Login| Sign Up| Help| Contact|

Patent Searching and Data


Title:
METHOD OF TREATING A POROUS SUBSTRATE AND MANUFACTURE OF A MEMBRANE
Document Type and Number:
WIPO Patent Application WO/2014/029963
Kind Code:
A1
Abstract:
Method of treating a substrate (11), comprising: • providing a treatment space (5) between at least two opposing electrodes (2,3), filling the treatment space with a gas composition, • placing the substrate, which is a porous substrate, in the treatment space, generating an atmospheric pressure glow discharge plasma between the at least two opposing electrodes, and • subjecting the porous substrate to the atmospheric pressure glow discharge plasma, thereby creating micro-pores uniformly throughout the porous substrate, • wherein the atmospheric pressure glow discharge plasma in the treatment space has a specific energy of 10 J/cm or higher, and wherein the treatment space comprises oxygen in the range of 0.1 to 21 % vol.%. The resultant substrates are useful for ion exchange.

Inventors:
STAROSTINE SERGUEI (NL)
DE VRIES HINDRIK (NL)
Application Number:
PCT/GB2013/051991
Publication Date:
February 27, 2014
Filing Date:
July 25, 2013
Export Citation:
Click for automatic bibliography generation   Help
Assignee:
FUJIFILM MFG EUROPE BV (NL)
FUJIFILM IMAGING COLORANTS LTD (GB)
International Classes:
B01D67/00; H01J37/32
Foreign References:
US20020132107A12002-09-19
US6118218A2000-09-12
US20110210063A12011-09-01
Attorney, Agent or Firm:
MAYALL, John (Hexagon TowerBlackley,Manchester, Greater Manchester M9 8ZS, GB)
Download PDF:
Claims:
CLAIMS

1 . Method of treating a substrate, comprising:

providing a treatment space between at least two opposing electrodes, filling the treatment space with a gas composition, placing the substrate, which is a porous substrate, in the treatment space,

generating an atmospheric pressure glow discharge plasma between the at least two opposing electrodes, and

subjecting the porous substrate to the atmospheric pressure glow discharge plasma, thereby creating micro-pores uniformly throughout the porous substrate,

wherein the atmospheric pressure glow discharge plasma in the treatment space has a specific energy of 10 J/cm2 or higher, and

wherein the treatment space comprises oxygen in the range of 0.1 to 21 % vol.%.

2. Method according to claim 1 , wherein the porous substrate comprises a polymer support. 3. Method according to claim 1 or 2, further comprising impregnating the substrate with ion exchange material.

4. Method according to claim 1 , 2 or 3, further comprising radiation curing of the porous substrate.

5. Method according to any one of claims 1 -4, further comprising heating the porous substrate to a temperature between 20 and 150°C.

6. Method according to any one of claims 1 -5, wherein the treatment space 5 comprises nitrogen in the range 79 to 99.9%.

7. Method according to claim 6, wherein the treatment space 5 comprises nitrogen in the range 95 to 99.9%. 8. Method according to any one of claims 1 -7, wherein the micro-pores have an average diameter of between 0.1 μηι and Ι ΟμΓη.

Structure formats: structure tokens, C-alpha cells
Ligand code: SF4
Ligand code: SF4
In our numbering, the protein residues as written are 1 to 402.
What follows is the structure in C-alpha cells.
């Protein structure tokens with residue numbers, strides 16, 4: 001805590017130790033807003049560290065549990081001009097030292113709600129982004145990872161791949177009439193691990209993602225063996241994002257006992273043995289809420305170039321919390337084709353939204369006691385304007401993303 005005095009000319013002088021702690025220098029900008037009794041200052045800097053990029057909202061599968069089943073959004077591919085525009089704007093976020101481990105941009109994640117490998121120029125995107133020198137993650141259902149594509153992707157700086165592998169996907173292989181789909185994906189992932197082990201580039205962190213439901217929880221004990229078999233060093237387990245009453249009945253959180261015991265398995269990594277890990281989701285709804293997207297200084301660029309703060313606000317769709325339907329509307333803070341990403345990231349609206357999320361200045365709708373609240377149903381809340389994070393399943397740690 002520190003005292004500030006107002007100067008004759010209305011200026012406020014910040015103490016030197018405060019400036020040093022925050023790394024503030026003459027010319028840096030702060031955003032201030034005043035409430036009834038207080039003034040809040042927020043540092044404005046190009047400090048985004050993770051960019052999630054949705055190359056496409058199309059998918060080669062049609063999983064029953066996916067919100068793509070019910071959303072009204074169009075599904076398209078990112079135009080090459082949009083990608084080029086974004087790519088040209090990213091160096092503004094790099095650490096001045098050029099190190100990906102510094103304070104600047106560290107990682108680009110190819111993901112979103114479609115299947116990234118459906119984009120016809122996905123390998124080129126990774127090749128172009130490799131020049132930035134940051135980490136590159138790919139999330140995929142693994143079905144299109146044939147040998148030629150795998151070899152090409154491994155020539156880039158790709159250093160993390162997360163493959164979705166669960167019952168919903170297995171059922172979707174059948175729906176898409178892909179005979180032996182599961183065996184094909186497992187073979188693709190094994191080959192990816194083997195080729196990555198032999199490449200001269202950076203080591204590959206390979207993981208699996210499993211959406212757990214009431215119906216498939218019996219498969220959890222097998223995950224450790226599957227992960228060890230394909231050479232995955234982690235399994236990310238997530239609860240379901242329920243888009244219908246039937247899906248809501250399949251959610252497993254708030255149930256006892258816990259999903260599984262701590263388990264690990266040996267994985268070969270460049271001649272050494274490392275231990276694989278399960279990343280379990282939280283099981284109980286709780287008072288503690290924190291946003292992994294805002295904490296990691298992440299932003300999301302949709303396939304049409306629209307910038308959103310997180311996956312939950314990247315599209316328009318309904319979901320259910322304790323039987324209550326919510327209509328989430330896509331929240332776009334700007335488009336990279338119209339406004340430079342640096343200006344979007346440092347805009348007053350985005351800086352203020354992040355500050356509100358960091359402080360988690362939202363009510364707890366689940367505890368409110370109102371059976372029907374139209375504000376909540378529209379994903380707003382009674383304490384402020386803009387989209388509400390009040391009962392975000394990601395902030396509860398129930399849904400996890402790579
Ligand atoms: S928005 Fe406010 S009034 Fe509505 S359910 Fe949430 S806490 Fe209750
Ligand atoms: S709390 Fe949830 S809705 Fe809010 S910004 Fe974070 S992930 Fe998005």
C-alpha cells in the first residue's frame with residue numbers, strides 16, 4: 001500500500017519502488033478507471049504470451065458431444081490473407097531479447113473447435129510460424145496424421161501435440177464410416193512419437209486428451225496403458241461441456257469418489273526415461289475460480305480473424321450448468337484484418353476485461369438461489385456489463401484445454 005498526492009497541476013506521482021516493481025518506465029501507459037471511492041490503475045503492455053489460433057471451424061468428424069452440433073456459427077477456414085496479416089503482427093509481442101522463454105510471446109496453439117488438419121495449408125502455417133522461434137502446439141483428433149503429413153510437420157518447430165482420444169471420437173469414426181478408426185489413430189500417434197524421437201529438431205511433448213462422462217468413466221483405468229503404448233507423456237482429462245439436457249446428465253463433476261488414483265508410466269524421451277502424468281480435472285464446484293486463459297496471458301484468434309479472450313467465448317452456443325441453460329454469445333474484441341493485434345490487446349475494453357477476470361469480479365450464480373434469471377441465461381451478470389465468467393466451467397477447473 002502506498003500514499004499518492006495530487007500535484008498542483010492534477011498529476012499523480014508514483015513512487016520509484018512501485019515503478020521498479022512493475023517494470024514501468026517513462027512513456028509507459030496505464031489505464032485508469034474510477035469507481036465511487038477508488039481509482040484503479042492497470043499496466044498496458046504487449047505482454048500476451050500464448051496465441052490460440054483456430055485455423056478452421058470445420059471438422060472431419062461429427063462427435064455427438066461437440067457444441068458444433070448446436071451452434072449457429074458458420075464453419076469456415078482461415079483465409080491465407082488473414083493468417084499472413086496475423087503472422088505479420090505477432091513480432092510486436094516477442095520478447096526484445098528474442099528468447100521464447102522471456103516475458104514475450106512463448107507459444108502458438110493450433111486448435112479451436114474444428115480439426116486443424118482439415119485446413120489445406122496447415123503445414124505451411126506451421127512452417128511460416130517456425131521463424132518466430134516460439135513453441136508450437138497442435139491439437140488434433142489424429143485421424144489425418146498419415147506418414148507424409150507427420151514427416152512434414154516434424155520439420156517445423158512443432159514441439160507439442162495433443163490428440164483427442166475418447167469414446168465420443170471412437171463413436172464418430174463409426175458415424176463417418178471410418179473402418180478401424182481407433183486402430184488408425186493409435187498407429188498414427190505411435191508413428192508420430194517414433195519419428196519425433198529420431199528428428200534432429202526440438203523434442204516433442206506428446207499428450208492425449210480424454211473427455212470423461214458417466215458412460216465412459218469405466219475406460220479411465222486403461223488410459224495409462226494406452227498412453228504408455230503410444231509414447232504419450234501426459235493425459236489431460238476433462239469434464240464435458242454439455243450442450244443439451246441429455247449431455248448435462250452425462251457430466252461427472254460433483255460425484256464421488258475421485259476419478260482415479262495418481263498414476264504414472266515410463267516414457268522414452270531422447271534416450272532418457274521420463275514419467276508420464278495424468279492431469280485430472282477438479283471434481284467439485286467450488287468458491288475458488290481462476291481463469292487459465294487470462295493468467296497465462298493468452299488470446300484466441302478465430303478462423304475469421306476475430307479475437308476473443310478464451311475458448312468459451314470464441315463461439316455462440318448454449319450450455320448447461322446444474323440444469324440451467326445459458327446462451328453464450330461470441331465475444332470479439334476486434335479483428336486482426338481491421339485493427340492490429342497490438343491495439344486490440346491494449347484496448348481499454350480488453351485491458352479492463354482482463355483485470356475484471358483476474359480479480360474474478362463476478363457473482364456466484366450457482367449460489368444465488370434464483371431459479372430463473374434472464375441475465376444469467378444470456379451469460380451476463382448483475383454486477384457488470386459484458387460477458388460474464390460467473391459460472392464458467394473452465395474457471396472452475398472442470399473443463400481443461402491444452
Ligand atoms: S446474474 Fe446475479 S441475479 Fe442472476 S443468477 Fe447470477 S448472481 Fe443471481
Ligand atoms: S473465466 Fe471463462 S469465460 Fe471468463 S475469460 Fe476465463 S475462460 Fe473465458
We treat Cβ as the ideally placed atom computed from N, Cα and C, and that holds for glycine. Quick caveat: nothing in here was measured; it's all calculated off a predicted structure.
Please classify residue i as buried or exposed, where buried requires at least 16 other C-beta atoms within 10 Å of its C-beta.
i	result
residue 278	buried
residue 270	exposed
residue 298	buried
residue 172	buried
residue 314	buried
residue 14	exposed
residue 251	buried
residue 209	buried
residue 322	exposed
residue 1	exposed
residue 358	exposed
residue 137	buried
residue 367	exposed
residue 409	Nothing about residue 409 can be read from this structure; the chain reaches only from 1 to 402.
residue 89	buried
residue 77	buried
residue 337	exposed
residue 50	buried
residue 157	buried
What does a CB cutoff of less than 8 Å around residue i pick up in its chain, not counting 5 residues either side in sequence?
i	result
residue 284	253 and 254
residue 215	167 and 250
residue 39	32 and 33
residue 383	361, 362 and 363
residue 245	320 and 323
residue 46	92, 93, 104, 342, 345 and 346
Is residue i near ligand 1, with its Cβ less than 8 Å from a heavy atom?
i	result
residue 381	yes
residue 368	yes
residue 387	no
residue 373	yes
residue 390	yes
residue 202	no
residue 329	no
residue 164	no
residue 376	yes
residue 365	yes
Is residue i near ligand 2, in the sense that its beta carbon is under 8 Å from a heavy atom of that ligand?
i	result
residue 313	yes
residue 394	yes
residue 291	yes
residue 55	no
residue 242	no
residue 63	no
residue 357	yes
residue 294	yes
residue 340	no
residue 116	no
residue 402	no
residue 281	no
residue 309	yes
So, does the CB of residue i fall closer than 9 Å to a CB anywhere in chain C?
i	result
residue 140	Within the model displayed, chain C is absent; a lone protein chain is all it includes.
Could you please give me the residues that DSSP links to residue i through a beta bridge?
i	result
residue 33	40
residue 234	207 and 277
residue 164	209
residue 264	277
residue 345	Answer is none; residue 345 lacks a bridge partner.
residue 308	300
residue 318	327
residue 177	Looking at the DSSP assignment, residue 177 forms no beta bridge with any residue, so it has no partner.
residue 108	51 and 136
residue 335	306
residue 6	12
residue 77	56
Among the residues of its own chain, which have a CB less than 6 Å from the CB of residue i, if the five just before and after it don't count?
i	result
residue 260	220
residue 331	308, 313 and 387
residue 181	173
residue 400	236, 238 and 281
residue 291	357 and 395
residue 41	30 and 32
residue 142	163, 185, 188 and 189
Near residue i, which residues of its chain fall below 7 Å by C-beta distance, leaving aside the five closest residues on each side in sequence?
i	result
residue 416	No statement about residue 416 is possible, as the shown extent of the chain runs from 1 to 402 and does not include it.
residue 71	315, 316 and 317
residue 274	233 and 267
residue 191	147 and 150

9. Method according to any one of claims 1 -8, wherein the porous substrate has a porosity between 25 and 95%.

10. Method according to any one of claims 1 -9, wherein the substrate has a thickness of 60 μΓΠ or less.

1 1 . Method according to any one of claims 1 -10, wherein a carrier substrate is positioned in contact the electrodes.

12. Use of a membrane comprising a substrate obtained by a method according to any one of the preceding claims for energy storage, energy conversion, electro-dialysis, separation of ionic species, nano-filtration or ultra- filtration.

Description:
METHOD OF TREATING A POROUS SUBSTRATE AND MANUFACTURE OF A

MEMBRANE

This invention relates to a method of treating a substrate, comprising providing a treatment space between at least two opposing electrodes, and filling the treatment space with a gas composition.

Ion exchange membranes have wide applications including energy storage and conversion, electro-dialysis, separation of ionic species in environmental protection and clean production, and nano- or ultra-filtration. Most of ion exchange membranes are composed of functional polymers, in which the charged groups are chemically bonded to the polymer chains.

The charged groups are -SO 3 " , -COO " , -PO 3 2" , -PO 3 H " , and -C 6 H O " , etc. for cat-ion exchange membranes and -NH 3 + , -NRH 2 + , -NR 3 + , -PR 3 + , and -SR2 + , etc. for anion exchange membranes. Cat-ion exchange membranes contain negatively charged groups attached to the membrane backbone and allow the passage of cations but reject anions, while anion exchange membranes containing positively charged groups allow the passage of anions but reject cations.

In order to yield long lasting mechanical stable membranes it is advantageous to make the membrane having a porous stable polymer support as substrate and filling the pores with ion exchange material.